Many plan to boycott the fight, but will that really make a difference when so many others are willing to pay to watch the fighting champion? Why not spend your money in a way that you know can aid women who have suffered domestic violence?

There are many things that remain beyond our grasp: the outcome of the fight, the pain that Floyd Mayweather inflicted on his loved ones and his refusal to apologize for it; but there is one thing that is within our control, choosing to boycott the fight. And while Mayweather himself doesn’t care if you do this, there are many other people who do.

We propose that instead of spending $100 to watch the fight on pay-per-view, you use the money to help survivors who can greatly benefit from your generosity.

$100 can go a long way, according to Women’s Resource Center to End Domestic Violence, featured in A Path Appears. It’s the cost of ten hours of coverage for their crisis hotline, a full day of meals for all the families in their safe house, 24 hours of shelter for one woman and two children and ongoing legal advocacy for one woman.

And for $99, you can buy one night in a Women Against Abuse domestic violence safe haven that includes three meals a day, beds/cribs, linens, laundry, toiletries, first aid and personal care supplies, as well as 24-hour security, case management and child care.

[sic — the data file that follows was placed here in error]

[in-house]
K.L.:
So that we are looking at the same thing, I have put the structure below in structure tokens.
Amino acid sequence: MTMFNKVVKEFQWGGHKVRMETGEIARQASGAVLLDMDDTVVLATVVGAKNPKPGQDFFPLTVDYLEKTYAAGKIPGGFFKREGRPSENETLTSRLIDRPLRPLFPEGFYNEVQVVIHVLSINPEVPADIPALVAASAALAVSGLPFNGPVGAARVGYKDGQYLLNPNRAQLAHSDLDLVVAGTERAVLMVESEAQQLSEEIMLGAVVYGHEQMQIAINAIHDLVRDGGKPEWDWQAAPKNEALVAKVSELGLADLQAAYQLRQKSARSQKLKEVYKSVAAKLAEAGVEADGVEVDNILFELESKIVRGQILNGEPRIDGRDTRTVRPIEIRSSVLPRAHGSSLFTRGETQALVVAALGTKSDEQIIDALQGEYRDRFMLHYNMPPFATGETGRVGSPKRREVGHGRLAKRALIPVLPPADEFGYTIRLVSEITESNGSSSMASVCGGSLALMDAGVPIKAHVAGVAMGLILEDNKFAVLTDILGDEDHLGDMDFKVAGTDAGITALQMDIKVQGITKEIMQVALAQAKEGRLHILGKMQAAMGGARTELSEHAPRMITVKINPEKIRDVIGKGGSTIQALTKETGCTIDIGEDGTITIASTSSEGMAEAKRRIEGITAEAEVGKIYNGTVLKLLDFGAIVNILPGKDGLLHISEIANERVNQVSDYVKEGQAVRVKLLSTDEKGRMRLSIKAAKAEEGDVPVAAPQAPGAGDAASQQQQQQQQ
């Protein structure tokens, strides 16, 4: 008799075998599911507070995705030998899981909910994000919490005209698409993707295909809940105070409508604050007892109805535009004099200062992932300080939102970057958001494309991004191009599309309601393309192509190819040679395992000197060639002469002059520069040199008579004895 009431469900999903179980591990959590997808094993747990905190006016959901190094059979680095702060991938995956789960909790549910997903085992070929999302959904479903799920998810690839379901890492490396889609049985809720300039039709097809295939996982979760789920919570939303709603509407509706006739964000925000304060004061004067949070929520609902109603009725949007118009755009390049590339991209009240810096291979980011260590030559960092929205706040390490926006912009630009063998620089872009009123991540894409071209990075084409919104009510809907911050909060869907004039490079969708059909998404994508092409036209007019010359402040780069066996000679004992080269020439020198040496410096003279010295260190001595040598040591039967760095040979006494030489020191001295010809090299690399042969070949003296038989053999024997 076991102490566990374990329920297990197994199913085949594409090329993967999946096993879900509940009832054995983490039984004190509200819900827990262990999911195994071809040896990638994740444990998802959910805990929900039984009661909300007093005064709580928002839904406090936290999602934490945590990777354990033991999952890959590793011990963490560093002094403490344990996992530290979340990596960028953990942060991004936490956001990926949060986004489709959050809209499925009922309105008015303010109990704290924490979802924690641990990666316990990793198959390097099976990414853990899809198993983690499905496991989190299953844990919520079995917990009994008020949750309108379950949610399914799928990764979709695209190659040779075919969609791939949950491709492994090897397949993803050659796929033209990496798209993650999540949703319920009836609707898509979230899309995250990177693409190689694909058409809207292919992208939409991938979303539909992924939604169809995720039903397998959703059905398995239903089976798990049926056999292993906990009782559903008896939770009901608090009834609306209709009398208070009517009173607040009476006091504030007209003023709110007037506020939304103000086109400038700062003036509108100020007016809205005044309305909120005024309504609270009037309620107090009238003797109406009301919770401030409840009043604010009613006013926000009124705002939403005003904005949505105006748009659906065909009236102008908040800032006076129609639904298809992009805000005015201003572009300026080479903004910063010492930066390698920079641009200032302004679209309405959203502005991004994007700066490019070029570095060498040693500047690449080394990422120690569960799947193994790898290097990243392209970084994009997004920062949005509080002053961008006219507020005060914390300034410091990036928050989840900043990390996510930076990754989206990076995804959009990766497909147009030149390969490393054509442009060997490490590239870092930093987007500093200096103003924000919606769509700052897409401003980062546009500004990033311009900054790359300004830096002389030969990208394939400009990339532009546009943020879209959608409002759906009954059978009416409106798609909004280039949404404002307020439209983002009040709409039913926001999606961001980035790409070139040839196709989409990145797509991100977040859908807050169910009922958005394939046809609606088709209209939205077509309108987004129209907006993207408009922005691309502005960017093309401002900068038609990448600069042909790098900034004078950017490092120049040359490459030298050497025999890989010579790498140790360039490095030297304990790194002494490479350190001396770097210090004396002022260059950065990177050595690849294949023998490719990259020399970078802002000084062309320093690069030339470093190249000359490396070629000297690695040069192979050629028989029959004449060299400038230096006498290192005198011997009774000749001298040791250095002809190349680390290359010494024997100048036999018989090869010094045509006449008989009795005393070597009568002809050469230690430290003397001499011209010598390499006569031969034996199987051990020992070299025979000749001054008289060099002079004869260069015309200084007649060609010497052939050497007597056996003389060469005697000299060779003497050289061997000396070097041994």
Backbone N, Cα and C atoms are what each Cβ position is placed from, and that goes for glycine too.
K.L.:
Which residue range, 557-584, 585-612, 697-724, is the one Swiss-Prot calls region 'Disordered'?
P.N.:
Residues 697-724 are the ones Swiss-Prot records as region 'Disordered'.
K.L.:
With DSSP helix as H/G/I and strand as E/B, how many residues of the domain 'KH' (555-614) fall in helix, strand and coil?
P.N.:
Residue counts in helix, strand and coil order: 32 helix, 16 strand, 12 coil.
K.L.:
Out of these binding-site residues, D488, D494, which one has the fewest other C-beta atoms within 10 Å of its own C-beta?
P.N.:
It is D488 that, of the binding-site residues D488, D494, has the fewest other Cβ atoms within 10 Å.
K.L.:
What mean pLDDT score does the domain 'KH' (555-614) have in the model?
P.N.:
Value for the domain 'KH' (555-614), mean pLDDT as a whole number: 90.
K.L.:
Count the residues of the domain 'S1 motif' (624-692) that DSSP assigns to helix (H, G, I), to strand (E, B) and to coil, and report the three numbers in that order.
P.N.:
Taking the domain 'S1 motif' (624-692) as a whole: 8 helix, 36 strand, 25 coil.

We hope you’ll consider this alternative and share it with your friends and family.

Making Way for Sustainable Impact

“If I die BASE jumping,” Bryan Swick Turner wrote in a letter addressed to his closest friends, “Please, and I cannot emphasize this enough, do everything you can to help end extreme poverty by 2030 and do your utmost to achieve sustainable development beyond that. Don’t waste time being upset about my dying; be upset about the seven million kids that die every year and don’t even get a chance to live…”

The Columbia University graduate was only 32-years-old when tragedy struck. Bryan, who died on March 9, 2015 while BASE jumping in Idaho, spent his life supporting anti-poverty efforts. In those 32 years, he achieved great things: leading the largest student movement to end extreme poverty in North America and holding prominent positions at the U.N. and Columbia University Earth Institute. His accomplishments don’t stop there.